Four Myths of Medical Malpractice Reform

Separating facts from wishful thinking.

Next week, House Speaker Paul Ryan, R-Wisconsin, and his fellow Republicans plan to unveil a comprehensive health care reform package intended to replace Obamacare with a better system.

That’s good news. It’s long past time for Obamacare to go. The list of the ACA’s problems is long and growing. In its place, we need a market-based and consumer-driven system. Realistically, the only way to get there is to reduce the federal role in health care, sending these issues back to the states and the private sector where the Constitution wisely leaves them.

Unfortunately, congressional Republicans don’t plan to reduce the federal role, at least not much. Instead, they hope to rationalize and streamline it, through a number of reforms that have long been on their members’ wish lists. Among other things, the forthcoming package is likely to include: tax credits for the uninsured, more robust Health Savings Accounts (HSAs), and a law allowing consumers to purchase insurance “across state lines.” The package will probably also include greater flexibility for state Medicaid programs and more choice for Medicare seniors. While not ideal, such a package would constitute progress.

One Republican favorite that should be left out is medical malpractice reform.

Hill Republicans claim “med-mal” reform would reduce the number of frivolous malpractice lawsuits and thus out-of-control health care costs, without impeding the speedy resolution of meritorious malpractice claims. If true, that would be great. But it’s based on wishful thinking.

Among the most commonly mentioned ideas for reforming medical liability are: 1) caps on punitive damages, which are designed to discourage frivolous lawsuits from being filed in the first place; 2) specialized health care courts or administrative tribunals designed to get such lawsuits out from under traditional judicial rules; 3) various alterations of the rules of judicial procedure, such as legal safe harbors for physicians who follow evidence-based best-practice guidelines, mandatory independent pre-discovery medical review panels, “loser pays” rules, shorter statutes of limitations, and a higher burden of proof for plaintiffs to overcome summary judgment; and 4) alternative approaches aimed at making claims more easily resolvable without litigation, such as pre-negotiated injury-compensation contracts modeled on workman’s comp.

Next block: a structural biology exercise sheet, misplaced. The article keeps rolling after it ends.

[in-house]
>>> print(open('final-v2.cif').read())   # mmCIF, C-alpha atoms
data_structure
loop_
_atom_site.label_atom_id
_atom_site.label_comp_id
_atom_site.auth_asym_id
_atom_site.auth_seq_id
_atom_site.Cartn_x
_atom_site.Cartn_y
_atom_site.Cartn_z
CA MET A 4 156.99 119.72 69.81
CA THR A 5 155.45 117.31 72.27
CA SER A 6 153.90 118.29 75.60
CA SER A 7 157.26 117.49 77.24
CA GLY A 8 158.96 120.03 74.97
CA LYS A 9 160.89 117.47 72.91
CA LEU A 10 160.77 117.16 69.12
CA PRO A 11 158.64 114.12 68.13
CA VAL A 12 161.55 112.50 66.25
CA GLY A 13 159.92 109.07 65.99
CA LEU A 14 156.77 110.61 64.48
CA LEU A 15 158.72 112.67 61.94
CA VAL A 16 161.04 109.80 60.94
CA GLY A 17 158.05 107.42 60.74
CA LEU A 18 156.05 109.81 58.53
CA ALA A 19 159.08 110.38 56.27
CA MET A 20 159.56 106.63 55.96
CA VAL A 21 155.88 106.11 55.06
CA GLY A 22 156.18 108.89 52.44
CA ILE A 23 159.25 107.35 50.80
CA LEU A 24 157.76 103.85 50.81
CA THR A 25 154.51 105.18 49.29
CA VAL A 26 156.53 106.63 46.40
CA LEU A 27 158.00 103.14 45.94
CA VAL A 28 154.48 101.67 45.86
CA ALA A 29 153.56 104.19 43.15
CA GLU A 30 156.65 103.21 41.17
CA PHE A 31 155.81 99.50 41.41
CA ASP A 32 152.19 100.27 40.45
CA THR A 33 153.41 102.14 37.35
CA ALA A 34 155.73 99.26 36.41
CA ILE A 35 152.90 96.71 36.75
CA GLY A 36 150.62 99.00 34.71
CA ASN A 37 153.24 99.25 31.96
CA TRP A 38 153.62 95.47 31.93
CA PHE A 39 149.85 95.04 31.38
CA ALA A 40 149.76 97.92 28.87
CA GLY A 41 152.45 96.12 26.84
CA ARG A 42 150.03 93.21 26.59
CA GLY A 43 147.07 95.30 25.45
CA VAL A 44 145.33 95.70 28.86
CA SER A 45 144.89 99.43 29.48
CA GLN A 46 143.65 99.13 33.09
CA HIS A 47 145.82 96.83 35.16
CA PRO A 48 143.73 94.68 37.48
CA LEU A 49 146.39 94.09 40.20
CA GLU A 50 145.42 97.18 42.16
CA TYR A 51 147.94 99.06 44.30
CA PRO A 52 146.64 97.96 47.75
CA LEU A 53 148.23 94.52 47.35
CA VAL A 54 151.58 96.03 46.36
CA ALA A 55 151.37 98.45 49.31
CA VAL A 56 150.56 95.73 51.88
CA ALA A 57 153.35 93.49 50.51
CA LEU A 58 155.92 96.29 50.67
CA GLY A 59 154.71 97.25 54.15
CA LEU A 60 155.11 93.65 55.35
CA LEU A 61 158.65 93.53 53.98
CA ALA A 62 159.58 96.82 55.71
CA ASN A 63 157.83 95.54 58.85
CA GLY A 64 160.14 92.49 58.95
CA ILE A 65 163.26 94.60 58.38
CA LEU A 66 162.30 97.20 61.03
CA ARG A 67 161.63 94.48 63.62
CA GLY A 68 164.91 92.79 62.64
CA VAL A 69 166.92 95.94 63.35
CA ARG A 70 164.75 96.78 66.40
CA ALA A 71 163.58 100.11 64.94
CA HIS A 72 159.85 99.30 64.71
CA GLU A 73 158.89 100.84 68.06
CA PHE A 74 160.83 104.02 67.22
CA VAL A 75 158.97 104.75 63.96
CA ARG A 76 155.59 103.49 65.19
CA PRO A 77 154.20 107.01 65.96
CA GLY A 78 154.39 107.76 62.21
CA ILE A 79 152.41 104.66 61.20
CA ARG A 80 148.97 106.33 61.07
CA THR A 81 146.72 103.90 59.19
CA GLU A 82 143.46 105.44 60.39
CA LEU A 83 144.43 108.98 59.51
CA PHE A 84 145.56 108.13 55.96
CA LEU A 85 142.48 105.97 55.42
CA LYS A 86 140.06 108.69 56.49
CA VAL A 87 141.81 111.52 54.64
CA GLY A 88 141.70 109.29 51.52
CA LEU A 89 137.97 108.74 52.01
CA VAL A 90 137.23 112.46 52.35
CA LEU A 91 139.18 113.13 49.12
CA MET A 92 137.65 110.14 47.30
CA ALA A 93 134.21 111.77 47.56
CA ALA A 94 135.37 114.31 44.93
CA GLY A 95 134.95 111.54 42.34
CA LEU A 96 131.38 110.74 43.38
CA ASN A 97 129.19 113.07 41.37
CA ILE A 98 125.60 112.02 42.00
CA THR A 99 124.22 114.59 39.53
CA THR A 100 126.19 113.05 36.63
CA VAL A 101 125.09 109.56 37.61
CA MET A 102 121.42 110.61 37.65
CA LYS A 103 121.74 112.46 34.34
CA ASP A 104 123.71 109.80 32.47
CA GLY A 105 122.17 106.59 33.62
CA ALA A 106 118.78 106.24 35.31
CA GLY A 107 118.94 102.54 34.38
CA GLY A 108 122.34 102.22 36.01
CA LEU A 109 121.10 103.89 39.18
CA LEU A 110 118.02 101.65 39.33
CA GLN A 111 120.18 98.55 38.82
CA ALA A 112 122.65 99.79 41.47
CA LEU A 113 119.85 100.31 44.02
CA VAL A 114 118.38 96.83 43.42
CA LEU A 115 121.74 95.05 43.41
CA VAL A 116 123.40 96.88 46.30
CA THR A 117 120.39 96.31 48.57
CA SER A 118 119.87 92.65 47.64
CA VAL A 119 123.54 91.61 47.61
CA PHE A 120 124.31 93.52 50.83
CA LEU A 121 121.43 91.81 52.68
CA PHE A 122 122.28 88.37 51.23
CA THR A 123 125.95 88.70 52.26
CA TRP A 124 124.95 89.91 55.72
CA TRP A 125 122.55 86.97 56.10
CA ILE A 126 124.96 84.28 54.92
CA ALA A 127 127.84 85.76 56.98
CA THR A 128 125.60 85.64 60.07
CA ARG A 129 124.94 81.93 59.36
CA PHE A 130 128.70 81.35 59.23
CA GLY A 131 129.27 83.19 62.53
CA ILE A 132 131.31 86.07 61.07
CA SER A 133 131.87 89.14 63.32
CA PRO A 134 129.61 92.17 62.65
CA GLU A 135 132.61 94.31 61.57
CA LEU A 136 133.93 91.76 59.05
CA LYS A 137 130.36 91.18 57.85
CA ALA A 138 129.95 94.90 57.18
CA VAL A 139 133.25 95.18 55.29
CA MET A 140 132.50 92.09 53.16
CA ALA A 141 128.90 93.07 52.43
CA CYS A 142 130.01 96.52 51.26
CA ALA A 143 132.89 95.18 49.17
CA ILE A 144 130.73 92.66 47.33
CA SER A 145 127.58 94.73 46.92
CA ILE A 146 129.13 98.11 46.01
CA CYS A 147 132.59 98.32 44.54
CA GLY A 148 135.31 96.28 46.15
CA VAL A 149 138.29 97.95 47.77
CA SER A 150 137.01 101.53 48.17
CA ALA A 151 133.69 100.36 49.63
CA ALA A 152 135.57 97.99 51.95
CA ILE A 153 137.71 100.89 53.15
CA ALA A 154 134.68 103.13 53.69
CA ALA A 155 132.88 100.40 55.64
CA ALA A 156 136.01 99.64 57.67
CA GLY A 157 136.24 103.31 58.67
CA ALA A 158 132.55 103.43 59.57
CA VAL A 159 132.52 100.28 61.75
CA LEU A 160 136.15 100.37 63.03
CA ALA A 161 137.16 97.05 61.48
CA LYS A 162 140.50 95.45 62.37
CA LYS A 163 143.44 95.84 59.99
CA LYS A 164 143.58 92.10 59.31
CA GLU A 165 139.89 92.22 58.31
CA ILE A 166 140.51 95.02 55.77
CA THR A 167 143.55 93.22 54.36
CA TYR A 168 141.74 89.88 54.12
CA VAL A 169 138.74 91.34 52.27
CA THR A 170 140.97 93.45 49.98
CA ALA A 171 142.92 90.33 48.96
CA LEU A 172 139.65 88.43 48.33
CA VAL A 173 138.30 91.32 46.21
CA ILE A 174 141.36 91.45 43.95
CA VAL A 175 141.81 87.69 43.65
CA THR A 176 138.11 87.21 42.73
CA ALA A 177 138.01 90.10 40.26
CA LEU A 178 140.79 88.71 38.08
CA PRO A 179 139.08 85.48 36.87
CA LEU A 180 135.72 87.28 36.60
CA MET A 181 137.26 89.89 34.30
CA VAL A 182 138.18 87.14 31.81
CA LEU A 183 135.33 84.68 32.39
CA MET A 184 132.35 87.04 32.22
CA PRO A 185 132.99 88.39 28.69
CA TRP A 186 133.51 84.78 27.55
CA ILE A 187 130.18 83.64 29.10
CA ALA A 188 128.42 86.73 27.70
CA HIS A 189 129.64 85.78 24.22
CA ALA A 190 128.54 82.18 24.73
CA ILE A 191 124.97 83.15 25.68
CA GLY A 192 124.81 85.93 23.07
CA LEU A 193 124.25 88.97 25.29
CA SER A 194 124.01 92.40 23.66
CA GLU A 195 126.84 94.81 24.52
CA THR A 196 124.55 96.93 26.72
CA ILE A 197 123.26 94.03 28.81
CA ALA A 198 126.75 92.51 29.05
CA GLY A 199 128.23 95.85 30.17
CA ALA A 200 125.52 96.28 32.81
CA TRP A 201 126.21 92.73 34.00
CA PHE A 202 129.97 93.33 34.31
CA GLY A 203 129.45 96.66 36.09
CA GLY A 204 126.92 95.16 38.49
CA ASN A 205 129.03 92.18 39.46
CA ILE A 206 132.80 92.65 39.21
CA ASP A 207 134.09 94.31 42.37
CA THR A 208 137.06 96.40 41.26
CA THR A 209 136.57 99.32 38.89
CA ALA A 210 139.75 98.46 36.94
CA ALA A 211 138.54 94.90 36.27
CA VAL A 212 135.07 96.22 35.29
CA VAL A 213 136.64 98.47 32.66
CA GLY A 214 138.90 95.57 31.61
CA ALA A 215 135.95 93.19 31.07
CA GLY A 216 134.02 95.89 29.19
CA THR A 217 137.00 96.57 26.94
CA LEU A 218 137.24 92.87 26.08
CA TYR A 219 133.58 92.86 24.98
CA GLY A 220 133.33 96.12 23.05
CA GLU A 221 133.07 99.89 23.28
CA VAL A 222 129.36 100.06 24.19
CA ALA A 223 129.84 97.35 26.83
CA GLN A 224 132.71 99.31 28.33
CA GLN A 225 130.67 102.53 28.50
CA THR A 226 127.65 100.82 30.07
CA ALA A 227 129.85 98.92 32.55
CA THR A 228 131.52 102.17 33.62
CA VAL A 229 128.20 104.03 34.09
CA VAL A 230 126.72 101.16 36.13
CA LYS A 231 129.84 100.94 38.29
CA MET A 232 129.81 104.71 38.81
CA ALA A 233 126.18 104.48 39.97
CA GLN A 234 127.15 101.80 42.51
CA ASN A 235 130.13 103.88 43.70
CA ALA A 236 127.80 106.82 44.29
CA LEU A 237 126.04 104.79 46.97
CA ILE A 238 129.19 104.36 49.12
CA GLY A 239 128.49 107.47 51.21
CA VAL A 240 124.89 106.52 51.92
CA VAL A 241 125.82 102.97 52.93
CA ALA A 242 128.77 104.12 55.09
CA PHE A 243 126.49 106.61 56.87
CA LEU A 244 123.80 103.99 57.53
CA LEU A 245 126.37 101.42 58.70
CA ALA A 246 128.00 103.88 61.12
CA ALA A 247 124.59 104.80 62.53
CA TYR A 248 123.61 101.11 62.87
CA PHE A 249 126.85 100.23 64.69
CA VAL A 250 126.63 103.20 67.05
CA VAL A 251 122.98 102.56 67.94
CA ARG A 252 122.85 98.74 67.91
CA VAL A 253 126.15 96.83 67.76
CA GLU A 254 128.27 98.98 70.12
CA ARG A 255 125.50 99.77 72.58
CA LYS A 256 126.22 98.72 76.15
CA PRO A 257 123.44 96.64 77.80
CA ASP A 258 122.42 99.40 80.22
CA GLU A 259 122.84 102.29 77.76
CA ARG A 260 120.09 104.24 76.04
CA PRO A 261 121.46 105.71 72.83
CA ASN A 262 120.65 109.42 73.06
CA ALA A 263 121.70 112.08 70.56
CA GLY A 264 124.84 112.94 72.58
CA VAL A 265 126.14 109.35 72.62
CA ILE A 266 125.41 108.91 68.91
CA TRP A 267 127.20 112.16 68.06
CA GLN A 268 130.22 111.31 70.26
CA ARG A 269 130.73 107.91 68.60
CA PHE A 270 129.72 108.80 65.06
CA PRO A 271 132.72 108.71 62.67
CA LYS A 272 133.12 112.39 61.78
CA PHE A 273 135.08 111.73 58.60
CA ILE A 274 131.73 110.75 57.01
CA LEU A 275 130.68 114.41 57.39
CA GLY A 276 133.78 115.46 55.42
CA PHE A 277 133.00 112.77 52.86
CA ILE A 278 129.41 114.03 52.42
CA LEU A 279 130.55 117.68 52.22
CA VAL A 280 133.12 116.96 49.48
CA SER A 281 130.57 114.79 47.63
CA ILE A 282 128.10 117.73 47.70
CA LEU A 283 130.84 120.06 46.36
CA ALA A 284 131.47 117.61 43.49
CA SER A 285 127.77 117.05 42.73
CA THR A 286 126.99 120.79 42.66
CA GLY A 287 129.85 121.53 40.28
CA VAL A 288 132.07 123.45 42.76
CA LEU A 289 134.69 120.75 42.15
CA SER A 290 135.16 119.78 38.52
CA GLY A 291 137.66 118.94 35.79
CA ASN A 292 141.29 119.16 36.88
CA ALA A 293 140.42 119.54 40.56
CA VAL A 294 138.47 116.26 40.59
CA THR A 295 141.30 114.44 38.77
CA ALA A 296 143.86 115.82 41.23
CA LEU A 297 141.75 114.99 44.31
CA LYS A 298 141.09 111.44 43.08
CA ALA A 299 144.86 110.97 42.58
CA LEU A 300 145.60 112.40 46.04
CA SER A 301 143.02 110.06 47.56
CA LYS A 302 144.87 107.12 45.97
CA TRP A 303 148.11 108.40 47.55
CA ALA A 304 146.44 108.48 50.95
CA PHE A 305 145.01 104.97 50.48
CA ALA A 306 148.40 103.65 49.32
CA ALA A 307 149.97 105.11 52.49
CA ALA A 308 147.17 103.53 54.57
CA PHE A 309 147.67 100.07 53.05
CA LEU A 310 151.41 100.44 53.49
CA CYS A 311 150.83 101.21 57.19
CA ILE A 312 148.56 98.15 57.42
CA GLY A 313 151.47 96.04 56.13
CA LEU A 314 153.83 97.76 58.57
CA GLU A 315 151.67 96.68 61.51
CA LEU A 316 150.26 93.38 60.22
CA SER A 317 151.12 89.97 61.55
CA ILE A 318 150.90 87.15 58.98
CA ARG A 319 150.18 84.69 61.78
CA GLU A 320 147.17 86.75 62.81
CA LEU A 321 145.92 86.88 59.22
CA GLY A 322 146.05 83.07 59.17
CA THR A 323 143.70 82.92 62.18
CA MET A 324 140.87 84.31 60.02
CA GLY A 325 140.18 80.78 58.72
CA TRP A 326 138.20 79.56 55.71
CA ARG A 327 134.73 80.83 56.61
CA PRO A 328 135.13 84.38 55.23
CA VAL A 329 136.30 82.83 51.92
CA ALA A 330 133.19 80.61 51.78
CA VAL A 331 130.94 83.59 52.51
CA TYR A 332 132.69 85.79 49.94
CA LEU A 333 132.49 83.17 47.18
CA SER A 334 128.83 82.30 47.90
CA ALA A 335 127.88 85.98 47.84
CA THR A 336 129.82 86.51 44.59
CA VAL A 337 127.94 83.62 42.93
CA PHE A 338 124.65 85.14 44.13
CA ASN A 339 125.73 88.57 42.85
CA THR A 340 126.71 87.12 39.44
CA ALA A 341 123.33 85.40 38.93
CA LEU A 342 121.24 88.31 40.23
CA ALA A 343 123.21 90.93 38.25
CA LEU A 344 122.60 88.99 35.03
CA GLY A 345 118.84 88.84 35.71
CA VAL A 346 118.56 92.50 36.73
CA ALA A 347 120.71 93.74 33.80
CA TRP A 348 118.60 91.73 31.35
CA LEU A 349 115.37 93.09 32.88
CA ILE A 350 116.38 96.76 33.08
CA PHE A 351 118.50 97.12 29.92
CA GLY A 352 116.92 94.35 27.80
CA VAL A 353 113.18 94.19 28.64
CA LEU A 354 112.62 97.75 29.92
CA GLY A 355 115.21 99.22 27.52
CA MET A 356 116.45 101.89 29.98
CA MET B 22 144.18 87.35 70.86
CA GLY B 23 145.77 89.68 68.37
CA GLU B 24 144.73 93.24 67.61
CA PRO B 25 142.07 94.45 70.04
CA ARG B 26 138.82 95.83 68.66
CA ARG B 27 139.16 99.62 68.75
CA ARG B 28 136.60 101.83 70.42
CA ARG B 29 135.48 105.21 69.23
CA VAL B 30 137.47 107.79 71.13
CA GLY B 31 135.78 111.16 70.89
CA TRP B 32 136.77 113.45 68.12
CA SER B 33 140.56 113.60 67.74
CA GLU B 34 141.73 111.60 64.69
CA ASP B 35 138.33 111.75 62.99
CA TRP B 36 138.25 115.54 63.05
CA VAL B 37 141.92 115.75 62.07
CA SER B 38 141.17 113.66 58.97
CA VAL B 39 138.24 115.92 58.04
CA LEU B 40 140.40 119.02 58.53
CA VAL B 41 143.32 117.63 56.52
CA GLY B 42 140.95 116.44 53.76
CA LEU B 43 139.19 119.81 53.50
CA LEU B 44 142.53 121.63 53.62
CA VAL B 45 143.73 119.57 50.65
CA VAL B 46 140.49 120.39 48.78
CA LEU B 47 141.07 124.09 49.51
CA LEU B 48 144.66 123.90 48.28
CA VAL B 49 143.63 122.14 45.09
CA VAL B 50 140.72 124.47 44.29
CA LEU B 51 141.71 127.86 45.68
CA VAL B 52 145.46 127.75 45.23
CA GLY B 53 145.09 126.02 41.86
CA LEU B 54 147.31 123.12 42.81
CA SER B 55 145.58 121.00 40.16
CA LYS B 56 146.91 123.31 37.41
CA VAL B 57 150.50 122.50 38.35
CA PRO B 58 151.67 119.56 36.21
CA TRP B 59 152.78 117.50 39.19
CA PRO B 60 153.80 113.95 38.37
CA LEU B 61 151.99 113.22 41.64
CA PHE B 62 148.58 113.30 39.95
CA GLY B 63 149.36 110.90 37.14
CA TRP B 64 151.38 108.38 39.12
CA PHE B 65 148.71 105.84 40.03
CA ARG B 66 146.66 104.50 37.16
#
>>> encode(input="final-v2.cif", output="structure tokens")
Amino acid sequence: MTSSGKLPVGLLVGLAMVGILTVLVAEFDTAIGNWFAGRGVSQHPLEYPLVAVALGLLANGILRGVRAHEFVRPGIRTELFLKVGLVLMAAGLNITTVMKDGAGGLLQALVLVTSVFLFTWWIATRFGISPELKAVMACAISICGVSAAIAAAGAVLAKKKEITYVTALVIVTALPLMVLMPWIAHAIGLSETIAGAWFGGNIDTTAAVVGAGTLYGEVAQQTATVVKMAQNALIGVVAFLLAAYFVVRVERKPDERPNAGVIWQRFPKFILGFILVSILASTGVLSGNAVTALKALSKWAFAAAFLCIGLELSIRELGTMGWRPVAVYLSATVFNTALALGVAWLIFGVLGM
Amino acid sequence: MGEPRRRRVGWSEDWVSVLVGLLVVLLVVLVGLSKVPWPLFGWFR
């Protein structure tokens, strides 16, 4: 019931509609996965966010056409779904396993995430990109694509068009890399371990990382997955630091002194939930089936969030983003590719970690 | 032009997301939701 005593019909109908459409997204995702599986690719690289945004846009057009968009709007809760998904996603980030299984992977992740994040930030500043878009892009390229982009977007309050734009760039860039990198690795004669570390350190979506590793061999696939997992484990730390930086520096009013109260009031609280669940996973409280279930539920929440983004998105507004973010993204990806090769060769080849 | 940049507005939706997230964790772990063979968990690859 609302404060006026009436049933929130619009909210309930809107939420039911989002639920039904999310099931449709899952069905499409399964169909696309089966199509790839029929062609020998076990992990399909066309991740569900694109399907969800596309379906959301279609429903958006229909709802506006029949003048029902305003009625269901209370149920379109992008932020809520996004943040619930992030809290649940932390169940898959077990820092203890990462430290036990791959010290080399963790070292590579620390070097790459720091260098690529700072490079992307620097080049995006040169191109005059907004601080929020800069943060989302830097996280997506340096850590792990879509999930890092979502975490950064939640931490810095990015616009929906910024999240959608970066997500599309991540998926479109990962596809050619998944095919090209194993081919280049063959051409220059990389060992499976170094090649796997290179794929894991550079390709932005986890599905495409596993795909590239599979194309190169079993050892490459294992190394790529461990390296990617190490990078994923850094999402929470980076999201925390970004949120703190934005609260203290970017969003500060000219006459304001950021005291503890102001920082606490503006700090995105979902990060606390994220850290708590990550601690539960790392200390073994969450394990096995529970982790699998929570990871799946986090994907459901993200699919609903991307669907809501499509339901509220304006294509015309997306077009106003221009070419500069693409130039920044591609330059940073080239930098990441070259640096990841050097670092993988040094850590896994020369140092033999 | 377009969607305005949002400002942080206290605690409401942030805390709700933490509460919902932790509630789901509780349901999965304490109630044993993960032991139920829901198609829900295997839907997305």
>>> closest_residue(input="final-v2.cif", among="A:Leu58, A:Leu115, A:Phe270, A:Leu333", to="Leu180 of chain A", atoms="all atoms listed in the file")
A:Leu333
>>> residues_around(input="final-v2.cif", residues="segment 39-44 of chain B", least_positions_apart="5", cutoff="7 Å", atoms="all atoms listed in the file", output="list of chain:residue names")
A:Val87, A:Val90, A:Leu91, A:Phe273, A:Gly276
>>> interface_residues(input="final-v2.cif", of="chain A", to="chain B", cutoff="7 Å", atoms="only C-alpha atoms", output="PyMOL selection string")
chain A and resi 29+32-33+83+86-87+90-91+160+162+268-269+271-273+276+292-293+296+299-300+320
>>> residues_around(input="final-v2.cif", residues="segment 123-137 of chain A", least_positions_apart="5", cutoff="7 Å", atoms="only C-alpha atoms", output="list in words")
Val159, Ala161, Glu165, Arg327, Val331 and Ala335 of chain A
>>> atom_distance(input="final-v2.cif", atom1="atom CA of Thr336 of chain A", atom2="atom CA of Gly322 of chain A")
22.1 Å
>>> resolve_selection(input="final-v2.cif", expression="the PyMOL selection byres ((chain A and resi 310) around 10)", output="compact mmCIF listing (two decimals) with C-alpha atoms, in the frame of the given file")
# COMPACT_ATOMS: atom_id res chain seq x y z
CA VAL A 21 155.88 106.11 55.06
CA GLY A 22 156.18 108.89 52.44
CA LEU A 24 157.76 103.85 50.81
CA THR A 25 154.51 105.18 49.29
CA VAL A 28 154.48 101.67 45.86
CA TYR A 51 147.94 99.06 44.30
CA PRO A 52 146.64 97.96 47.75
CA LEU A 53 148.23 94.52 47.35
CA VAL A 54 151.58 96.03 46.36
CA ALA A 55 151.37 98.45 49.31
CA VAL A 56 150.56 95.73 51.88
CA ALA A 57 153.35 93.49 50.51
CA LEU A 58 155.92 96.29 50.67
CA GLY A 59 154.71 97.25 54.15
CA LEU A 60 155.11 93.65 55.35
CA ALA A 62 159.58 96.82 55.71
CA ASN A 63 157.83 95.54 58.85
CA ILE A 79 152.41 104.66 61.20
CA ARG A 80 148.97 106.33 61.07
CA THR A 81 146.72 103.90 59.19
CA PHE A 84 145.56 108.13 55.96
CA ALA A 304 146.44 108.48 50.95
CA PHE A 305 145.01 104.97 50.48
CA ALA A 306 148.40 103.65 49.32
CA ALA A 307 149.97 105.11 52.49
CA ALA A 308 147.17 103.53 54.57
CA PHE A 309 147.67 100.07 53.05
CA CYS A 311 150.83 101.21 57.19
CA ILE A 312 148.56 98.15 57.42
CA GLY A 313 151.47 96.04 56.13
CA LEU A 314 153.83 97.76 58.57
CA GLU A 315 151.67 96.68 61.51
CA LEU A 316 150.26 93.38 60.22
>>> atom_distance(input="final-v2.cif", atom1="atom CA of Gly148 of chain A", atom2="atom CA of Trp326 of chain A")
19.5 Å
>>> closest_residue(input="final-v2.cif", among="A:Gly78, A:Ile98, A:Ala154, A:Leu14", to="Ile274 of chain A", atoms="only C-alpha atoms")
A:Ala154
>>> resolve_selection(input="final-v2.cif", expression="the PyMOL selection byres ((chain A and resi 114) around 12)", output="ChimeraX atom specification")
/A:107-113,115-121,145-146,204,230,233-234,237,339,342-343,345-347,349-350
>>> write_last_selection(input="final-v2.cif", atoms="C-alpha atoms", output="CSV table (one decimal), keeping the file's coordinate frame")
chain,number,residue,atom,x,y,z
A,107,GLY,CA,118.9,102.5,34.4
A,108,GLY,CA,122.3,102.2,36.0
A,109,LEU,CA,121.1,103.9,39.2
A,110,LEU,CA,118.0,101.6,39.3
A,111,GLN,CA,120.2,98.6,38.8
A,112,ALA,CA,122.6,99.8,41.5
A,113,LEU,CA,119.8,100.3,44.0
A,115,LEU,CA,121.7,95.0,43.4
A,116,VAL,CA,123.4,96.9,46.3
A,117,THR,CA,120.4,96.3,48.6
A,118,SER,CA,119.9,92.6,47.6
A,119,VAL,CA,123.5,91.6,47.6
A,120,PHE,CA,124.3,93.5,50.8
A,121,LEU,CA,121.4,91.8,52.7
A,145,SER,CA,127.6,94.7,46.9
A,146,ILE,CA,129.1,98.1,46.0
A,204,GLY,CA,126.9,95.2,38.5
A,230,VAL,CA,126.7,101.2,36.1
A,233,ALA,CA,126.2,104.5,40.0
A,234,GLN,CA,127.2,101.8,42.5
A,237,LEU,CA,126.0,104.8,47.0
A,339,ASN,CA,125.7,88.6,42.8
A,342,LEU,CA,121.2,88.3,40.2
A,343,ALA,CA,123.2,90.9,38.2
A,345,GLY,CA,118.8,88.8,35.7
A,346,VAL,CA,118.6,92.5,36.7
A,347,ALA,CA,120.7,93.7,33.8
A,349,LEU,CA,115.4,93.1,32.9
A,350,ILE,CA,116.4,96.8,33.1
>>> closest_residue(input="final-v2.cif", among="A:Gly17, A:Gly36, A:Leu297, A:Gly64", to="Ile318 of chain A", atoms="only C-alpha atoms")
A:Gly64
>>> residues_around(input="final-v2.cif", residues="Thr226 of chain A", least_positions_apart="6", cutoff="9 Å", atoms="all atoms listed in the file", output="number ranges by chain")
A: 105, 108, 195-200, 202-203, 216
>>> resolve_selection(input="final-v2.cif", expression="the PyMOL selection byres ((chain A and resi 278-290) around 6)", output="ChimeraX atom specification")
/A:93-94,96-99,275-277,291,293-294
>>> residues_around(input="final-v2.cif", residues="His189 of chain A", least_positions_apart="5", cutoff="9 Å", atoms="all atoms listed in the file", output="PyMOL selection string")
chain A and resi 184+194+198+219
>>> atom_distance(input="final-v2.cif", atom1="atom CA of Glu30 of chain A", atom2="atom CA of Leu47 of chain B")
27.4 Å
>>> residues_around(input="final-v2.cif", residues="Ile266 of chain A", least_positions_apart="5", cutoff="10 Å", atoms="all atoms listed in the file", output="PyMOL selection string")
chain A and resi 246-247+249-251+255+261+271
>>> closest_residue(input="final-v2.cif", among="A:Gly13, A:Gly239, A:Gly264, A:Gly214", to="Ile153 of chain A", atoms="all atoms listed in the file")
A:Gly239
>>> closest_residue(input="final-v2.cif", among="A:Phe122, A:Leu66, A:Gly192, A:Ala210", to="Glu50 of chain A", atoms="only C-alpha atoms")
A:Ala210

Many of these ideas may be sensible. Some are appealing. (I find the “workman’s comp” idea particularly attractive). And happily, a number of them have been tried in one or more states.

But the case for federally overriding the state experiments is weak. It rests largely on four broad claims, all of which turn out to be myths.

Myth 1: Medical malpractice is a major drive of health care costs

Not really. This question has been studied for decades. The best estimates put the cost of malpractice litigation in the vicinity of 2 to 5 percent of total health care spending. A major study in 2010 placed the figure at 2.4 percent or about $55.6 billion a year. That’s peanuts. The Congressional Budget Office has estimated that federally imposed tort reforms, including caps on punitive and noneconomic damages, would save taxpayers around $5 billion a year, which is about one-tenth of one percent of total federal outlays.

Why, then, do physicians perceive such litigation as a major cost driver? Probably because it is a threat to their reputations and can be a major nuisance, and because it touches most doctors. In a December 2015 panel talk at Washington’s American Enterprise Institute, Anupam Jena, M.D., of the Harvard Medical School reported that surveys, including his own, find that nearly 100 percent of physicians in high-risk specialities are sued at least once in their career, about 70 percent of physicians pay at least one malpractice claim, and the average physician spends 11 percent of his career with an open malpractice suit. And yet most physicians do not suffer from excessive malpractice insurance rates.